In India, the Royal Enfield is as sacred as the game of cricket and as revered as the holy cow. There’s no wonder the Bullet is the national motorbike. In the rural outskirts of Mhow, in a small town in Madhya Pradesh, is a custom motorcycle shop called Time Cycles. They know a thing or two about their national treasure, so when they picked up a 1959 Enfield Bullet 350 that was in need of some love, they were ready to restore this old beauty.

This wasn’t an ordinary Bullet though – it had been converted to a Greaves-Lombardini diesel engine by its previous owner. For fuel economy the diesel engine is a common engine swap in India, especially for agricultural machines. The downside to the great fuel economy is the power. “A meagre 6.3 HP is delivered at 3600 rpm; but it does make around 20 Nm of torque at 1600ish rpm,” says Shashank from Time Cycles. “If you ride it wisely, it sips about 1.3 litres of diesel per 100 kilometres. Not the ideal choice of motorcycle if you were in a hurry, though.”

The other downside to the diesel engine swap is the lack of reliability; the Bullet seems to instinctively know what engine it should be running. “Looking at the motorcycle, it was clear it needed of a lot of work. A complete nut-and-bolt restoration was on the cards. After having assessed the condition of the donor, we tried for it to be a bobber while maintaining Enfield essence, but with modern touches, think of it as an Enfield Diesel re-imagined by us. Resto-modded bobber, is that a thing?”

To squeeze every bit of horsepower out of the bike as possible, the guys started by removing all the weight they could – the airbox, battery box, mudguards and chain guard were all thrown in the spare parts bin. The next job was getting the stance right. “Shock absorbers were replaced by OEM gas-charged shocks, and we used shorter springs with altered compression rates. We lowered the front as well by around two inches and altered the damping to make it more compliant. Stock 3.25-19″ were replaced with Shinko’s 4.00-19″; the new tyres are taller and considerably wider. We were contemplating whether we should go for 18″ or maybe even 16″ in the rear but the ride feel with a 19″ in old English frame is something else!”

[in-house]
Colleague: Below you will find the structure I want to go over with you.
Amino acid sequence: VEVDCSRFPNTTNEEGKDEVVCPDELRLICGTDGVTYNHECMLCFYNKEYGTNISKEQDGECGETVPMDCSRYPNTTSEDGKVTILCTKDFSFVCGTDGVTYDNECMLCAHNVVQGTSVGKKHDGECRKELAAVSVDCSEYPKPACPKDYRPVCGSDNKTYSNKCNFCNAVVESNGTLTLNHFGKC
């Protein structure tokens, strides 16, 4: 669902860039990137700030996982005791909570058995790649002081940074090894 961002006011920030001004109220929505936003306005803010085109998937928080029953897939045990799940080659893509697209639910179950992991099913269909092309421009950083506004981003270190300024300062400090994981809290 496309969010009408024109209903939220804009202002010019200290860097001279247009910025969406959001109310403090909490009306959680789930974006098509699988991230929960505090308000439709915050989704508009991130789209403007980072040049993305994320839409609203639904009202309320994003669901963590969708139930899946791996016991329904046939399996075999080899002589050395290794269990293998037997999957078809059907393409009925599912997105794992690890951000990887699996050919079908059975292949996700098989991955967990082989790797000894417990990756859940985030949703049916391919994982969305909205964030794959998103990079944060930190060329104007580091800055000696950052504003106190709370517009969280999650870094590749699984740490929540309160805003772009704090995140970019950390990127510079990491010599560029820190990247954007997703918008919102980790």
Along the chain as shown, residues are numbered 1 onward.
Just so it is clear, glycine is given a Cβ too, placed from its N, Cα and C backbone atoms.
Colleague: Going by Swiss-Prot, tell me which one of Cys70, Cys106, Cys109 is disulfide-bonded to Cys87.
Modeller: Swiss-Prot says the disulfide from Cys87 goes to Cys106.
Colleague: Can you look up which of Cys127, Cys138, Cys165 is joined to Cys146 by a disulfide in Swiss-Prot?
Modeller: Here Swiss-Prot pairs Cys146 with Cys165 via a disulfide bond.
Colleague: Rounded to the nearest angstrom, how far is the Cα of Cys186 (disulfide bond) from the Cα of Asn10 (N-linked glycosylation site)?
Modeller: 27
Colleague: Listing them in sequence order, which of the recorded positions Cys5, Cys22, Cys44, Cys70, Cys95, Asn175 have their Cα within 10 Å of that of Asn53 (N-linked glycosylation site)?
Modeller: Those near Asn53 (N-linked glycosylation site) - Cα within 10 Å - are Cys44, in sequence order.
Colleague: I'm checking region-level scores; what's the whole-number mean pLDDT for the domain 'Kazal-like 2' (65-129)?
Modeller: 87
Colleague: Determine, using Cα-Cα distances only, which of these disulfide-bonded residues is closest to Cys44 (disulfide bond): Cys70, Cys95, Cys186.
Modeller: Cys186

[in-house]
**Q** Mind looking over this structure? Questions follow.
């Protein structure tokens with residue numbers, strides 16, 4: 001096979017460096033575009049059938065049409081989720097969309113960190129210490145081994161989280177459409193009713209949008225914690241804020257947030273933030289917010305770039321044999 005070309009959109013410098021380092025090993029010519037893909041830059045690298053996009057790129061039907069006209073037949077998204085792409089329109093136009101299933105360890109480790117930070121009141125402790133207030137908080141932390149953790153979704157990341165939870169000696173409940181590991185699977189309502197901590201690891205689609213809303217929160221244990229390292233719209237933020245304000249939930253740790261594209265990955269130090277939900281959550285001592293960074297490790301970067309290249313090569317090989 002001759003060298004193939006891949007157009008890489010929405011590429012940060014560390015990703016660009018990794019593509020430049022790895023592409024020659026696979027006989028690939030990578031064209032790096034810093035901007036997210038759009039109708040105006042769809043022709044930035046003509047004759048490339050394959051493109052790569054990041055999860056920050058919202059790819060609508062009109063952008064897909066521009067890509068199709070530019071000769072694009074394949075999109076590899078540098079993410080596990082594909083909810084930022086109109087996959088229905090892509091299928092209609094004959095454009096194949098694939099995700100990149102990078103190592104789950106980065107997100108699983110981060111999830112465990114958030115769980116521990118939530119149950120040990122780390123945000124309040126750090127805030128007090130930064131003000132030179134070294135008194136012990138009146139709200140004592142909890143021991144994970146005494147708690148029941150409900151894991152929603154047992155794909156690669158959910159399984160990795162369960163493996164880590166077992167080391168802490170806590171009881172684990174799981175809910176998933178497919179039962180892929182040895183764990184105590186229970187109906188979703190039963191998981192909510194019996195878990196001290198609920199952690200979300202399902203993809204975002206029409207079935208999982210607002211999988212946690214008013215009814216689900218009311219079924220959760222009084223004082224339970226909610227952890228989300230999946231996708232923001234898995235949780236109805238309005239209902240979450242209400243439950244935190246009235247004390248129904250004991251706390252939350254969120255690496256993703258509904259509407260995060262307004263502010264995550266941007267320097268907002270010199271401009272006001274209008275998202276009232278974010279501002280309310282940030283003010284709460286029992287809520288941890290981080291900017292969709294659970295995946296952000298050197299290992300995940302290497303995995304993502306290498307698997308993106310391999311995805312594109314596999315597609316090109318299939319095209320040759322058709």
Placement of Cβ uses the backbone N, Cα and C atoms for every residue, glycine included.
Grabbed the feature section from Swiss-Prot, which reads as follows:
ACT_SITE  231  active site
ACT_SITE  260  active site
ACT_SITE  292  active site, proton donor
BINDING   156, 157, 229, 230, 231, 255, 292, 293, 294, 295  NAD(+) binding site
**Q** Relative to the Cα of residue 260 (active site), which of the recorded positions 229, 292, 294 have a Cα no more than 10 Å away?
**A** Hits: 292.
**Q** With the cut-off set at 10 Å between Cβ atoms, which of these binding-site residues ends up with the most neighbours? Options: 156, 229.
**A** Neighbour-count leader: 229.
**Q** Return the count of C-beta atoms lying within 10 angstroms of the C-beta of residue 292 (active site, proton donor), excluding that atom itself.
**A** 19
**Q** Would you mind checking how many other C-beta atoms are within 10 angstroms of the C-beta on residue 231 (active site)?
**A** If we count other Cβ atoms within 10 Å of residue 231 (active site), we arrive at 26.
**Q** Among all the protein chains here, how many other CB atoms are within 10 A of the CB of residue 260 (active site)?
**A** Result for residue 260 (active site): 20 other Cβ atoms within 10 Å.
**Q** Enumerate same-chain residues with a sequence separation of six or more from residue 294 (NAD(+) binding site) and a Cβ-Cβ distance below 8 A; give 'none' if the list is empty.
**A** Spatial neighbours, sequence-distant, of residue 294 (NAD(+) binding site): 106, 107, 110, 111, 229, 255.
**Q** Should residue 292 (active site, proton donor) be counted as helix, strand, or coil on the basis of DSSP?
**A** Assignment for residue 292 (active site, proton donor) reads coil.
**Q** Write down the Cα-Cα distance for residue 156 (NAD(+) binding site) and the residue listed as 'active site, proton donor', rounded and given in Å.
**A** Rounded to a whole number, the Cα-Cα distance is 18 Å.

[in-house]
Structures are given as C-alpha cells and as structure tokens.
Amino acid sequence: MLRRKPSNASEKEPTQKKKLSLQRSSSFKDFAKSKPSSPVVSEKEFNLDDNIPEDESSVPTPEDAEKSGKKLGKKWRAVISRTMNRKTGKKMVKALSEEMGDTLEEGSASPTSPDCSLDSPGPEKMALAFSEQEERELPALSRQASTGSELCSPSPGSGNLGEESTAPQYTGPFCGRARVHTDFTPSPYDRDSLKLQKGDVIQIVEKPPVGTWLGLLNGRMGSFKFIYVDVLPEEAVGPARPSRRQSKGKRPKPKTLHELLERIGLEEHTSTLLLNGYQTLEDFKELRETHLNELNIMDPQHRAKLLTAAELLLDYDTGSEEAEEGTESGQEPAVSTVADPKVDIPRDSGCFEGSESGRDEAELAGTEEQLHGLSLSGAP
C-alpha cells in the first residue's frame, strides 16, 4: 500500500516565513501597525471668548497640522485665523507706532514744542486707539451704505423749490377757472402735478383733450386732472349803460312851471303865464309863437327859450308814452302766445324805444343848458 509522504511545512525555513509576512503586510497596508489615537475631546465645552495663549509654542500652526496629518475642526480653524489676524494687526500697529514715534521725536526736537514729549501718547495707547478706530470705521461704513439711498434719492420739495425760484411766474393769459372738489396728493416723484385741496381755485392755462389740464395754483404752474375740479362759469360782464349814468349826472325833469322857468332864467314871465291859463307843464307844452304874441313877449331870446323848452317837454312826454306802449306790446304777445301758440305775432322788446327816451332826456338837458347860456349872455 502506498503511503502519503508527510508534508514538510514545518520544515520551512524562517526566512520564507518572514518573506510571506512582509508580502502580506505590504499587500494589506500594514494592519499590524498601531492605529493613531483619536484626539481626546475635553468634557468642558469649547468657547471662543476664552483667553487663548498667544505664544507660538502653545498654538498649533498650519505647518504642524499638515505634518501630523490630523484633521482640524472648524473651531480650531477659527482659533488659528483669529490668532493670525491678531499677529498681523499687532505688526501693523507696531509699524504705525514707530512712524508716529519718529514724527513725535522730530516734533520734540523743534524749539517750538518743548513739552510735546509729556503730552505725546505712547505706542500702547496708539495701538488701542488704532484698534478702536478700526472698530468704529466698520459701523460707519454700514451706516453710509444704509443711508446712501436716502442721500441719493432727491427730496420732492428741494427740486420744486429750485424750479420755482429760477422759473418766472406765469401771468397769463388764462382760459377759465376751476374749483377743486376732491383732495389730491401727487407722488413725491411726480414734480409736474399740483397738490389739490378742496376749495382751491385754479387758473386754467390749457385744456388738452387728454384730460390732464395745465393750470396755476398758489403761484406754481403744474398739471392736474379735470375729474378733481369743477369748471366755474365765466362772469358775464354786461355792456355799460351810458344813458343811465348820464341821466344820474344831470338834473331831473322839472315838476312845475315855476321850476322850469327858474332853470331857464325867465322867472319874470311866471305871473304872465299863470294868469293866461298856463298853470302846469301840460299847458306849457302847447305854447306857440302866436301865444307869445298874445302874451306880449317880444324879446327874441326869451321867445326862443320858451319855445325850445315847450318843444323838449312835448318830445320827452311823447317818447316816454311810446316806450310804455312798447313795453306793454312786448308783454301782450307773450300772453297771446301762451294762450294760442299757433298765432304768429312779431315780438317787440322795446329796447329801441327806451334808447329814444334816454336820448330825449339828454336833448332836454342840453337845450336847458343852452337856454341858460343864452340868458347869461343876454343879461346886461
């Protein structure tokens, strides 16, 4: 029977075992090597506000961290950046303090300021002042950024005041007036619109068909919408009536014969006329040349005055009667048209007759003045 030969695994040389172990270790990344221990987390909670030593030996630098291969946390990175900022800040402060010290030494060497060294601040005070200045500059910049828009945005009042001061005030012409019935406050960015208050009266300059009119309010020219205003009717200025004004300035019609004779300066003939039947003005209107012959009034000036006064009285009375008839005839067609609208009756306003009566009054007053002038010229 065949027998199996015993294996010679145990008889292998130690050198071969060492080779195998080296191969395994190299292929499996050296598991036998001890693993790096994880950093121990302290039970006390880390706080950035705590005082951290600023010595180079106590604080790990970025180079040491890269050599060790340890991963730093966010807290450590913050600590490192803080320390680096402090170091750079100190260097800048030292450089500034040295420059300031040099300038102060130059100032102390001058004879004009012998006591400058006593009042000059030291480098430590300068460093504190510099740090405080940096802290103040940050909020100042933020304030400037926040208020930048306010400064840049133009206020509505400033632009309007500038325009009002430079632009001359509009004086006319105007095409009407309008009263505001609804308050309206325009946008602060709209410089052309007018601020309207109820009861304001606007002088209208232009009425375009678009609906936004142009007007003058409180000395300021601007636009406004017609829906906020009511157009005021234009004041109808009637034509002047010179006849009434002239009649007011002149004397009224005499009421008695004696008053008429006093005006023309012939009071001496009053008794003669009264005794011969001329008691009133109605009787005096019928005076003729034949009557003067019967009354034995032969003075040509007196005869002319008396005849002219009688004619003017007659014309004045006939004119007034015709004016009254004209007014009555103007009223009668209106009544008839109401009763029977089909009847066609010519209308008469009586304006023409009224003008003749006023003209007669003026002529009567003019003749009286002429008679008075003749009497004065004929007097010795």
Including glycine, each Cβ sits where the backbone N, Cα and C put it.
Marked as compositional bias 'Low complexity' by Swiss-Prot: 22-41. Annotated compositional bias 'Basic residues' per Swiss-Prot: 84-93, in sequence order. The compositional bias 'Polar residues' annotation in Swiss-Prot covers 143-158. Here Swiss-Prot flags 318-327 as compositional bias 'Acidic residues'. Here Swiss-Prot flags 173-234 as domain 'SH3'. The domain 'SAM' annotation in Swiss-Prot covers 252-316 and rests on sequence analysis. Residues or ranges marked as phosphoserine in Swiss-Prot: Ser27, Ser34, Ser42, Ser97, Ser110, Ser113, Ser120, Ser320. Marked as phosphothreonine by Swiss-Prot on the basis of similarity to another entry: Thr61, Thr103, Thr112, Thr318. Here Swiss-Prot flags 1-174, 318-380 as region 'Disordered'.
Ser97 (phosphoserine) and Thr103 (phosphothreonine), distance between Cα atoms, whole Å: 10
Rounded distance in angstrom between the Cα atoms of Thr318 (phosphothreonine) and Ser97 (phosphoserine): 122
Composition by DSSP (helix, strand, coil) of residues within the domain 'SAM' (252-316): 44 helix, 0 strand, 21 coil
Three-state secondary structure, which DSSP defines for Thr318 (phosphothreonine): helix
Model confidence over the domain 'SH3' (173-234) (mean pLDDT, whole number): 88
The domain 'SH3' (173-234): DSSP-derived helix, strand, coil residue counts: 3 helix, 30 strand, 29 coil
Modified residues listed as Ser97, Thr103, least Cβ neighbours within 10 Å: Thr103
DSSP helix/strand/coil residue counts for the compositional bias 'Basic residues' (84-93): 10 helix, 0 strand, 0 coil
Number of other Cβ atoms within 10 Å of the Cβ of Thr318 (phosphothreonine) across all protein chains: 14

The team added a classic butterfly-style handlebar to get the ergonomics just right. They then moved on to installing a vintage custom-made brown leather springer saddle. “This was hand-stitched to perfection by artisans who have been doing this for generations. It indeed is bloody comfortable: ideal for long solo trips!”

They then wrapped the grips in leather grip wraps from the Trip Machine Company, which were polished to match the same colour as the seat. “We fancied the idea of a minimal handle bar so we added custom-made bar end levers in brass and finished them up in chrome, helping us de-clutter the handle bar. Lastly, we carefully hand fabricated the mudguard and the stays to fit flawlessly.”

With the bike being over 50 years old, the electricals needed to be brought into the 21st century. The original 6V system was upgraded to a 12V custom electrical system, capable of running 200W on demand. The old filament bulb in the headlight gave way to a new Philips H4 LED bulb and an additional 100W fog light, 3000K Philips H4 Rally bulb – for riding in bad weather.